The worst flooding of 2013 hit overnight and continued today in north-central North Dakota.
It's not just rivers spilling over their banks, but snow banks turning to rushing water, draining off hills across the region, causing the problems.
Jim Olson is with us live tonight with a look at a high-water-day in the region.
The levels of creeks and coulees rose quickly overnight, closing roads and highways and giving many property owners headaches.
We have many stops to make tonight - beginning early this Sunday morning when the severity of the flooding was coming into focus.
(Terry Quinlen, Ward County Highway Department) "19 and a half hours of chasing water..."
Terry Quinlen works for the Ward County Highway Department - and he spent hours erecting and removing these signs as water problems developed and then eased through the northwest and central portions of the county.
(Terry Quinlen, Ward County Highway Department) "We've got some closed roads south of Sawyer - we have two roads there where the roads are washed out. Most of it is overland flooding like you see here where you have to close the roads for a while and then the water goes down and you open them back up again."
The problems started developing late Saturday and multiplied overnight into Sunday. And the high water is not all related to rivers. It's also in the normally tiny streams and coulees that are ushering to lower ground the water that's left behind from the melting of a heavy snow pack. Here on County Road 16 west of the YMCA, the hills and fields of a large area southwest of Minot drain right through here - County Road 16 west of the YMCA. After rushing over and under the road, the water heads for the Green Acres subdivision where it threatens basements as it heads for a trip under Dakota Square. Problem is the culverts couldn't handle the flow - and the water inundated 16th Street - trapping one car in the process.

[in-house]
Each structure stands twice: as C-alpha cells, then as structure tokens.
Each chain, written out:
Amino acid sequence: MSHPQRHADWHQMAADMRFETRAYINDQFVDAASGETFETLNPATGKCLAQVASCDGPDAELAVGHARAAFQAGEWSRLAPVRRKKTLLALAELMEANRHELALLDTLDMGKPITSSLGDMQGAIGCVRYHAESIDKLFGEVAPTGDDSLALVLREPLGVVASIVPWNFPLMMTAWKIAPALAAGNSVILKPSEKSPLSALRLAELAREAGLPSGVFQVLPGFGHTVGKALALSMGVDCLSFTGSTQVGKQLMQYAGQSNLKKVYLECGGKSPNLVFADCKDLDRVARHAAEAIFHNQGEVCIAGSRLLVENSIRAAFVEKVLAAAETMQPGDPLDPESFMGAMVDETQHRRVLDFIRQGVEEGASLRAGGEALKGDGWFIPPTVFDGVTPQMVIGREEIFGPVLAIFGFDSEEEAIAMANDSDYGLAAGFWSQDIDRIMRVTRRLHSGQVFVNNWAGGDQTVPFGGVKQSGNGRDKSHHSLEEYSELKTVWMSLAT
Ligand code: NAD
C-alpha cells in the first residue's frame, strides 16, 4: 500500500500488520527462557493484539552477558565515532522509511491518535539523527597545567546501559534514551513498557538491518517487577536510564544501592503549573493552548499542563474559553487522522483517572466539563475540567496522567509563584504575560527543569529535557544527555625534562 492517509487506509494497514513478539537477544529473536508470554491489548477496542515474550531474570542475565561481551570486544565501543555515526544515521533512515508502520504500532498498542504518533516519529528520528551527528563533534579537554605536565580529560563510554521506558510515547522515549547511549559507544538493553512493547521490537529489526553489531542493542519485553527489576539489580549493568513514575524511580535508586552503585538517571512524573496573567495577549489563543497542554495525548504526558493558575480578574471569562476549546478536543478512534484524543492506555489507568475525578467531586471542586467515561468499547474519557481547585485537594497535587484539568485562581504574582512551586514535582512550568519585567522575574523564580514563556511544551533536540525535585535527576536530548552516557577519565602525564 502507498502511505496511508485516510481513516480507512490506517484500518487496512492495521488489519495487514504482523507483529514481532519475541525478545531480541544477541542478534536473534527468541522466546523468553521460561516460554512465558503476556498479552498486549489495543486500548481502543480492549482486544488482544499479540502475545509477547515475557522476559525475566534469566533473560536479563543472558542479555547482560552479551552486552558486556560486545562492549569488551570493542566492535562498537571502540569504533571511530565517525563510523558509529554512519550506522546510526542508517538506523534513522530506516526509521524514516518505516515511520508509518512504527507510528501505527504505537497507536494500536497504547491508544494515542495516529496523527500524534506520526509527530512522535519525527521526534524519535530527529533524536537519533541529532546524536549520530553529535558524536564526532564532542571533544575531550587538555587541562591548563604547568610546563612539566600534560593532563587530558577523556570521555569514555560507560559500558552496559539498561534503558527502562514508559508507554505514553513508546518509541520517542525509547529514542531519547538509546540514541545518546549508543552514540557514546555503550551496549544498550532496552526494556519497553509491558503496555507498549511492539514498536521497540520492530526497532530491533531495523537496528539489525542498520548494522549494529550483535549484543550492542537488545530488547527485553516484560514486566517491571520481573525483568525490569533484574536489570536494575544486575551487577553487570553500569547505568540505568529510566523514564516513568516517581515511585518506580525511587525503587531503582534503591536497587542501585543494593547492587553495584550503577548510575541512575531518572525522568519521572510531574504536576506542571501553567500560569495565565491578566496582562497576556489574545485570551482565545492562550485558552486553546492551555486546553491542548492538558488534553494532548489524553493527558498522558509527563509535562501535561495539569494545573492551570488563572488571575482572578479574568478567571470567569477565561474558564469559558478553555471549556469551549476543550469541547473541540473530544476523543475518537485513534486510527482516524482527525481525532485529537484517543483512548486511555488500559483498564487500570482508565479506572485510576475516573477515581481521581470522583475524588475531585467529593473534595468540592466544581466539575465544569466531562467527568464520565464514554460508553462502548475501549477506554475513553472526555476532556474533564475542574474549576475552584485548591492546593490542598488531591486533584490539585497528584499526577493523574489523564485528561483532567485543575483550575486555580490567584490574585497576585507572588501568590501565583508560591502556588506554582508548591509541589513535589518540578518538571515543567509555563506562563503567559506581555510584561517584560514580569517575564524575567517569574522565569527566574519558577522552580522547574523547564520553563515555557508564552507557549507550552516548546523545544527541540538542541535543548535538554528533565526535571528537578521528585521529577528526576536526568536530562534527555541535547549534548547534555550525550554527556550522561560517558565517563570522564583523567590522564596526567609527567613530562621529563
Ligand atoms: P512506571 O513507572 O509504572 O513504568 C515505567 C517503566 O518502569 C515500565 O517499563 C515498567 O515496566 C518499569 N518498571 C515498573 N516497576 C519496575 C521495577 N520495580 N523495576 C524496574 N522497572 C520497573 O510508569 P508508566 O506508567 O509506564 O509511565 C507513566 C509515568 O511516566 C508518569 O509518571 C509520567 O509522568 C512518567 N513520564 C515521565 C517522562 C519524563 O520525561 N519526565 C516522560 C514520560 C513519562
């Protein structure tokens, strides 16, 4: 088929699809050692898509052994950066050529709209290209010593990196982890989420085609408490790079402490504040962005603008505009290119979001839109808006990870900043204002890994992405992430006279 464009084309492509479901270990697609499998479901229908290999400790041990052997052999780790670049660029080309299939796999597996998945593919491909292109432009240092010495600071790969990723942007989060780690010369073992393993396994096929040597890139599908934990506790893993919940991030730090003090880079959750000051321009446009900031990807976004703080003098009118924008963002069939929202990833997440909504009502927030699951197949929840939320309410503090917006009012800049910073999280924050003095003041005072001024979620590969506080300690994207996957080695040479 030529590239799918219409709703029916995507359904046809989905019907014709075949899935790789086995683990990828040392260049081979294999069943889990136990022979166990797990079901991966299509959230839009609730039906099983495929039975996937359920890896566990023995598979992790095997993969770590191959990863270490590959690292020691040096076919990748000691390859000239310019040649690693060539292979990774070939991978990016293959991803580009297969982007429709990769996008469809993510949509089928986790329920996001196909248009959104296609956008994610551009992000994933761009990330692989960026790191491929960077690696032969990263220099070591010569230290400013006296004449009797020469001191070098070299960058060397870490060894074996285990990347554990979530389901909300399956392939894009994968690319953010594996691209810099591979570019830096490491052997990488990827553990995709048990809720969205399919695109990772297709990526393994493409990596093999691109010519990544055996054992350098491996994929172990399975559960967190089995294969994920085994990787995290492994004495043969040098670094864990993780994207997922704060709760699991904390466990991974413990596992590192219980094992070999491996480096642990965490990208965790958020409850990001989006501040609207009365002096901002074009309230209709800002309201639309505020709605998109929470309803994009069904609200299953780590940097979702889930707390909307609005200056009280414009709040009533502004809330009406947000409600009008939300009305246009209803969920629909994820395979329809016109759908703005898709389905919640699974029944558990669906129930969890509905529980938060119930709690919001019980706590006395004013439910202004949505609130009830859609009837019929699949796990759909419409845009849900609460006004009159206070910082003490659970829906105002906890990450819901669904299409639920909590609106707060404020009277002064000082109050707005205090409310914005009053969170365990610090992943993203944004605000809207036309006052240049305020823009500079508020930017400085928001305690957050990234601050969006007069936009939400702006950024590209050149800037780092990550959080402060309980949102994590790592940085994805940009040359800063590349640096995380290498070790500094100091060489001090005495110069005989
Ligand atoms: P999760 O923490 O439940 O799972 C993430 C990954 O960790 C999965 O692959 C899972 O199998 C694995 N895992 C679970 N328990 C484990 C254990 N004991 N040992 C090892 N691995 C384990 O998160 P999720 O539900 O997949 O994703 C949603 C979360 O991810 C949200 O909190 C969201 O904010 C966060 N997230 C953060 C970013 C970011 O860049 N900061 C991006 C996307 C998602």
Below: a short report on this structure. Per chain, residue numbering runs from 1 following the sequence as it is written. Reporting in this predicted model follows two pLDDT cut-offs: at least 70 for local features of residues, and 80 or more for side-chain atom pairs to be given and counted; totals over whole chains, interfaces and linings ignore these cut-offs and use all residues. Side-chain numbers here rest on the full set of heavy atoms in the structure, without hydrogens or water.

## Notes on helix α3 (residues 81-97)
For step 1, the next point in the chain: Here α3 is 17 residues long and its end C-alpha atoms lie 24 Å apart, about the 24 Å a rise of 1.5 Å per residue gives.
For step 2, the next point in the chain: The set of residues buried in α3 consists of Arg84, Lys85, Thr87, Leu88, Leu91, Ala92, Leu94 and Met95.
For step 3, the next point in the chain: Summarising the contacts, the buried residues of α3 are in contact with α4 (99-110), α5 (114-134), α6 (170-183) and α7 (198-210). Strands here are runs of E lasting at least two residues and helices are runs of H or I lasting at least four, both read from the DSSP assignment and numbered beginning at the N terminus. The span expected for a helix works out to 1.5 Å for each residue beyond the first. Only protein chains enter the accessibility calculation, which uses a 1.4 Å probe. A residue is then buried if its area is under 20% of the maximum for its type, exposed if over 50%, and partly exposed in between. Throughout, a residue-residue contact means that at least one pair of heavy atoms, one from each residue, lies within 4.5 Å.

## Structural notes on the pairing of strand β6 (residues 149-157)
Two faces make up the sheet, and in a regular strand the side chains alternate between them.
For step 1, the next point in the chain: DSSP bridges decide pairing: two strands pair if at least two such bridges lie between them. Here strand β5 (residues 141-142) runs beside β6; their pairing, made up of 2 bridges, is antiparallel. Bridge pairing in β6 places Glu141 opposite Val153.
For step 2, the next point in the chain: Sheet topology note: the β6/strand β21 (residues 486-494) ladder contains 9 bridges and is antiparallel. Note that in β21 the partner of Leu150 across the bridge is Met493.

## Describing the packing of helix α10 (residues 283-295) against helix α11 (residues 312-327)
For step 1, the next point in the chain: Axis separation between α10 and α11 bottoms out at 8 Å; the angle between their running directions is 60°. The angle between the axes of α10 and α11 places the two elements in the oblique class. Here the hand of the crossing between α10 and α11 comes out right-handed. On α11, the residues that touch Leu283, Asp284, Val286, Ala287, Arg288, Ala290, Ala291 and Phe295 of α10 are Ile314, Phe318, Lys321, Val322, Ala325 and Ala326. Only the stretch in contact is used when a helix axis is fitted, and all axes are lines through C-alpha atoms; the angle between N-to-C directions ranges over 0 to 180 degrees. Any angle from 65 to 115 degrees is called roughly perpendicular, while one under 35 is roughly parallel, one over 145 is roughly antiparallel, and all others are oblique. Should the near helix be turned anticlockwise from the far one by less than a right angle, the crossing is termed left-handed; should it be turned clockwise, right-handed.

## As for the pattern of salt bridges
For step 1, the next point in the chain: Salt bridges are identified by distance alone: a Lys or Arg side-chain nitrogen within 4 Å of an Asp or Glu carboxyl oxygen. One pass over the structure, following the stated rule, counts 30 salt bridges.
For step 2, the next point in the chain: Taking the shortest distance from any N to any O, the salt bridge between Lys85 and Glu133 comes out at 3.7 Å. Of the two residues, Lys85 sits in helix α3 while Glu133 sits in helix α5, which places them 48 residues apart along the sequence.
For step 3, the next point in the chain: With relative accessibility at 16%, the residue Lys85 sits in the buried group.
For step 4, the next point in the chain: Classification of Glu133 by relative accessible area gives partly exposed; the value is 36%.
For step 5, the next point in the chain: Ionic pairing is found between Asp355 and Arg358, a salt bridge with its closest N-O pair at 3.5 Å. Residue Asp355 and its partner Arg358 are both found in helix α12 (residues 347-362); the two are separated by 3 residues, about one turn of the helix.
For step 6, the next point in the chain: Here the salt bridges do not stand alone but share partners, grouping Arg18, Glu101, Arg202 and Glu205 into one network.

(Kerry Green, Olson's Towing) "I'm going to go out and see if I can get it in neutral and then find someplace to hook some chains and drag it out of there."
Early Sunday morning, Kerry Green of Olson's Towing was carrying out a plan to wade into the hip-deep water, hook up a chain to the car's frame, and slowly tug the waterlogged Acura out of the pond and onto dry land.
Meanwhile, the morning brought a continued rise of the Des Lacs River - a river that starts here at the Des Lacs National Wildlife Refuge near Kenmare. This is what it looked like Sunday morning - a far cry from the scene we saw one week ago when the stream was still a block of ice. But the ice is gone and the hills are dumping their water into the stream that rushes through Carpio and here at Foxholm where the river banks still had a few feet of space Sunday morning. Meanwhile, water continues to feed into the Des Lacs as it heads for Burlington. And the first place it hits is the Projects Area - west of Burlington. This bridge was washed out by high water two years ago - but as of Sunday morning was standing up to the onslaught. Other parts of the Projects were also just barely above water as residents hoped that the dramatic rise of the river would end quickly. And in the town of Burlington, the Des Lacs was behaving - staying well within the levee system as of now. Sunday morning ended with streams and rivers still on the rise, and local residents howling their breaths in hopes the water would recede quickly after a very fast rise.